Father Uria was known to all his fraternity in the country for his eccentricity. He was a small, rather stout man, about sixty years of age, every one of which had left its mark upon him; for his had been a life of toil surpassed by but few, even among those self-denying workers in the Lord’s vineyard. But the hardships of his life had not quenched his jovial spirits, which were, indeed, irrepressible. A laughing greeting for every one he met, Mexican or Indian, was his habit, one that might have begotten a measure of contempt in the beholder, had the Father not possessed a sternness, latent for the most part, it is true, but which could, on occasion, be evoked to prop up the apparently tottering respect due him. Father Uria was fond, too, of company, not only for its own sake, but because it gave him an excuse for the pleasures of the table, and, in especial, for enjoying the delights of the wine made at Mission San Gabriel, and which was in demand by all the missions. This was a weakness seldom indulged in, for the Father cared not for imbibing this delectable liquid unless assisted by pleasant company; and occasions when this could be had were rare. Let not the reader infer from this that our respected fraile was guilty of drinking more than was good or seemly for him. There had been a whisper one time, going the rounds of the missions, that he had been uproariously drunk on some occasion in the past; one slanderous tongue said the priest had been reprimanded by President Sanchez, but we do not believe a word of this. And who would grudge him all the pleasure he might get from the good San Gabriel wine? Think of the poor padre, expatriated for the rest of his days, and in a land that wanted much to make life seem worth the living! Our hearts go out to the Father, as to all the other good men who had done likewise, in deepest sympathy.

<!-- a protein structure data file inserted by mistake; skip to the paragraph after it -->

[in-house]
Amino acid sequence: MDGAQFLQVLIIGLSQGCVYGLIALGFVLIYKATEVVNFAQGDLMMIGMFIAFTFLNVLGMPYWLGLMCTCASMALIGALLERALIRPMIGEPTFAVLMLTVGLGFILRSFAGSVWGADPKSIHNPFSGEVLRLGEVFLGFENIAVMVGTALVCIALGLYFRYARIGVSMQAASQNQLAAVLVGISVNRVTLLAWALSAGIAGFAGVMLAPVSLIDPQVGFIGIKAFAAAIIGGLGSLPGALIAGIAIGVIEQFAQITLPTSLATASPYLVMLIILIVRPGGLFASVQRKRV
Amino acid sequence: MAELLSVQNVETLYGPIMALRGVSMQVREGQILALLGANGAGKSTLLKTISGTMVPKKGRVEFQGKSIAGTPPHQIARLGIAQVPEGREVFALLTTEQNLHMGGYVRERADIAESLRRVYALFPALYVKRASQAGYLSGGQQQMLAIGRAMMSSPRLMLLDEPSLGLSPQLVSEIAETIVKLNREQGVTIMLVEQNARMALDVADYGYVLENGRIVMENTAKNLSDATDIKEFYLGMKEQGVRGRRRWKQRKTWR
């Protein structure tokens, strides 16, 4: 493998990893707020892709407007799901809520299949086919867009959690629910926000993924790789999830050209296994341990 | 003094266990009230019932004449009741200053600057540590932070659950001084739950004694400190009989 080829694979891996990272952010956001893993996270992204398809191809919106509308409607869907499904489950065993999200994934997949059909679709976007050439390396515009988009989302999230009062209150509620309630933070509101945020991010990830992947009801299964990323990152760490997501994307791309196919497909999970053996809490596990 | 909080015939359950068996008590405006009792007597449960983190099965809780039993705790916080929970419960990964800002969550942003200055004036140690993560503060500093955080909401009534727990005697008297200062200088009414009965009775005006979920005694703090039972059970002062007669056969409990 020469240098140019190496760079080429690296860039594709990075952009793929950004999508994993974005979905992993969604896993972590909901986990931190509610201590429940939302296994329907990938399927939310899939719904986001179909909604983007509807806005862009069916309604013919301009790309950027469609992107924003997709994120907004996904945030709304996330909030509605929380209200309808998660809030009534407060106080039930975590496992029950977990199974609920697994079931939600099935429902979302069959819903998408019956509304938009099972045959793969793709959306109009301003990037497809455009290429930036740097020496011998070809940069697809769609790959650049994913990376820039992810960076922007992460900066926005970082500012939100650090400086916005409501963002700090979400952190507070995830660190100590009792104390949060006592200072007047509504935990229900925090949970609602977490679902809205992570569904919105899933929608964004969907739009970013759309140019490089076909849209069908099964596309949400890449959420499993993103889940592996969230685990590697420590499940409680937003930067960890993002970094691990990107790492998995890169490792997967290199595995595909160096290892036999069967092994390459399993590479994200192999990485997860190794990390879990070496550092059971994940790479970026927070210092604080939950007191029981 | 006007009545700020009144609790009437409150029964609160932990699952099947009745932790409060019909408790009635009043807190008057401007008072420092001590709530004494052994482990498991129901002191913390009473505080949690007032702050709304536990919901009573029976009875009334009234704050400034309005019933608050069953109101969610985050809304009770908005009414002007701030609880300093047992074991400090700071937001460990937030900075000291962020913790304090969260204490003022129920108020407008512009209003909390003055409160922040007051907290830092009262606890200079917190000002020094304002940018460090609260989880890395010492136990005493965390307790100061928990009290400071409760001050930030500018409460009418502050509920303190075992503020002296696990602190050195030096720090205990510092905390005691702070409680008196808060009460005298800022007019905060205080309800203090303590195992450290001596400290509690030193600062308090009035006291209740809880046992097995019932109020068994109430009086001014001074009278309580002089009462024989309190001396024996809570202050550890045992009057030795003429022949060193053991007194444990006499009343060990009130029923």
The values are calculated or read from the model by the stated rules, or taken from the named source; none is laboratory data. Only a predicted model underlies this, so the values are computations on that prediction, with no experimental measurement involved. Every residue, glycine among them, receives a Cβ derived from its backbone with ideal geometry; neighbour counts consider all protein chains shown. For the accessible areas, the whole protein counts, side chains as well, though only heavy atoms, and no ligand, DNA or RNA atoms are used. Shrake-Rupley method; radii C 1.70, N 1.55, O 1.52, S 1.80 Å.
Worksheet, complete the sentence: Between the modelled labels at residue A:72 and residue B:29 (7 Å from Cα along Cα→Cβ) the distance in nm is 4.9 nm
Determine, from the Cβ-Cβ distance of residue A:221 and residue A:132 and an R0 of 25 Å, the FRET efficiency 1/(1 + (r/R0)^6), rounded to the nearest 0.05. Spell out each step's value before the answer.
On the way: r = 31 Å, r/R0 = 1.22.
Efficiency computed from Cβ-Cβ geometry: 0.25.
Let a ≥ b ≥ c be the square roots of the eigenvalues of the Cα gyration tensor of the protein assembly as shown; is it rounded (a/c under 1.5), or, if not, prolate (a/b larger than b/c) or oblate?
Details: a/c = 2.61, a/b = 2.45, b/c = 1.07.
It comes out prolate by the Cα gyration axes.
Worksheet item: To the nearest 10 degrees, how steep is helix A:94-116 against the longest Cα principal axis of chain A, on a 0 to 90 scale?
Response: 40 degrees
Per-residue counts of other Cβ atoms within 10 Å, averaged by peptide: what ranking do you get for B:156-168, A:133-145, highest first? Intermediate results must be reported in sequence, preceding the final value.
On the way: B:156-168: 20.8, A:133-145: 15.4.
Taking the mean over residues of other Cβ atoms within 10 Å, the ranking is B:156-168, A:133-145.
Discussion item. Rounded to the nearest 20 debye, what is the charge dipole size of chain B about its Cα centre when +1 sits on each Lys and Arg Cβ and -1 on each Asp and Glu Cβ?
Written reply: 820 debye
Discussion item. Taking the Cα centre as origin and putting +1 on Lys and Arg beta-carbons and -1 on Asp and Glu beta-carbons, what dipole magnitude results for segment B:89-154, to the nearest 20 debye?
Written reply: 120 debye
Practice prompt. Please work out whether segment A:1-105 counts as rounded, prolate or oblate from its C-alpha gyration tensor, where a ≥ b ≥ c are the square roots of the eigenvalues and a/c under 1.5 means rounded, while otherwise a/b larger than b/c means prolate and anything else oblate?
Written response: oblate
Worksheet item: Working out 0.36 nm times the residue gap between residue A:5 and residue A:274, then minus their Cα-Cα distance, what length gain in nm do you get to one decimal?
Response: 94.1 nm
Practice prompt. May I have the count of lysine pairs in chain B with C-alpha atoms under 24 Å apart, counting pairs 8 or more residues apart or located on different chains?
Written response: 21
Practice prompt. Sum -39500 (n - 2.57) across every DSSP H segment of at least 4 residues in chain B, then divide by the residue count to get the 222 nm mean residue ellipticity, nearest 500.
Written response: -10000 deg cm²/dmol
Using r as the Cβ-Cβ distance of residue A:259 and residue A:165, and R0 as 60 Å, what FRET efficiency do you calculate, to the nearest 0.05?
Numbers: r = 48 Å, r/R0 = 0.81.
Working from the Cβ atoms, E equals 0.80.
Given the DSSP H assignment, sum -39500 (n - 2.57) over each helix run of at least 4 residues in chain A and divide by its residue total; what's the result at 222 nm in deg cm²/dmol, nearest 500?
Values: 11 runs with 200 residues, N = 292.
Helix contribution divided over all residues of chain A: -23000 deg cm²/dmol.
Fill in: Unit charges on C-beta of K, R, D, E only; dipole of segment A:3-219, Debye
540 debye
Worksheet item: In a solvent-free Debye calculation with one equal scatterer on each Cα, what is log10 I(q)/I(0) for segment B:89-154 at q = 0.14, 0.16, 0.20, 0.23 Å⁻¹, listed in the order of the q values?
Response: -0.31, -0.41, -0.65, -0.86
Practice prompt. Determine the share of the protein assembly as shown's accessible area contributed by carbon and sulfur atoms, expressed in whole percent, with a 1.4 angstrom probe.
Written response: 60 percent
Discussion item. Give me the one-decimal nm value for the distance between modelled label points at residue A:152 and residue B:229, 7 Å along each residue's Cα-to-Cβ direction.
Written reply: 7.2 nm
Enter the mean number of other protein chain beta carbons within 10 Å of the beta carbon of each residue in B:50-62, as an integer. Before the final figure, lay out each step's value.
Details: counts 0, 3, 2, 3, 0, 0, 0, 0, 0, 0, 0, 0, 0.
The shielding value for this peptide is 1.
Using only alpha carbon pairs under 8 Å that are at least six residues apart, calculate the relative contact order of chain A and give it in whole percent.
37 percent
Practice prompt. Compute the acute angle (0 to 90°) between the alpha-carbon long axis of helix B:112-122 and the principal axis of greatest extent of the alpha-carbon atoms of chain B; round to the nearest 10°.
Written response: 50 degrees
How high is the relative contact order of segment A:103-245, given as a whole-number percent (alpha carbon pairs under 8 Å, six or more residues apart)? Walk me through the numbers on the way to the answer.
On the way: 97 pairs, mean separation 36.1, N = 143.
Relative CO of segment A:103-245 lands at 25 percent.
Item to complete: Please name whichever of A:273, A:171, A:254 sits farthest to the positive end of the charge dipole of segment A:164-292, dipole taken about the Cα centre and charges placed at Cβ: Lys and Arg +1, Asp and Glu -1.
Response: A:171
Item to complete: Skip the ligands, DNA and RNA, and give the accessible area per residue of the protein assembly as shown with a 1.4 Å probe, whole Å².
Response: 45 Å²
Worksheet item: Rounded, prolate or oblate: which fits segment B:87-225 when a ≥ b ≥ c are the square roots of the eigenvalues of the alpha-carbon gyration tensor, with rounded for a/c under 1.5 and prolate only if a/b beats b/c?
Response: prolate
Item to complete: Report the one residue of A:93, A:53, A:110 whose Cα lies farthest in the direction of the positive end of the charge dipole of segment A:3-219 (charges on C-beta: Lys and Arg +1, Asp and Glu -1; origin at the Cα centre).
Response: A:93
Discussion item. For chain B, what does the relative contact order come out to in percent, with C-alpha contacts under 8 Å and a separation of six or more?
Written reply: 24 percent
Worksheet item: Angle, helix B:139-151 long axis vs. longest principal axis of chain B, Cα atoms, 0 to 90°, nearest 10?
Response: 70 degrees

It is not our intention to enumerate all the peculiarities of Father Uria. But there was one, before which all the rest sank into insignificance, and that was his excessive fondness for cats. The love of cats is more particularly a feminine trait; and this, together with his strength of mind, marked though it was usually by his geniality, makes it the more surprising in Father Uria’s case. Yet such was the fact, and as such was it recognized by all with whom he came in contact; for in this instance it was “love me love my” – cats! This hobby of the friar was one he had had from childhood; but gaining man’s estate, he had kept it in subjection (fearing it was not in accord with the strictest propriety, especially after taking orders) until he came to California. Here he had found a life of such loneliness, that, as a refuge from almost unbearable ennui, he had gone back to his youthful feline love with more than youthful ardor. When he came to take charge of the Mission, San Buenaventura, three years before, he had brought with him, carefully watched over, four immense cats, which had long been his pets. These he still had, and in their companionship he found his greatest solace for a life of solitude.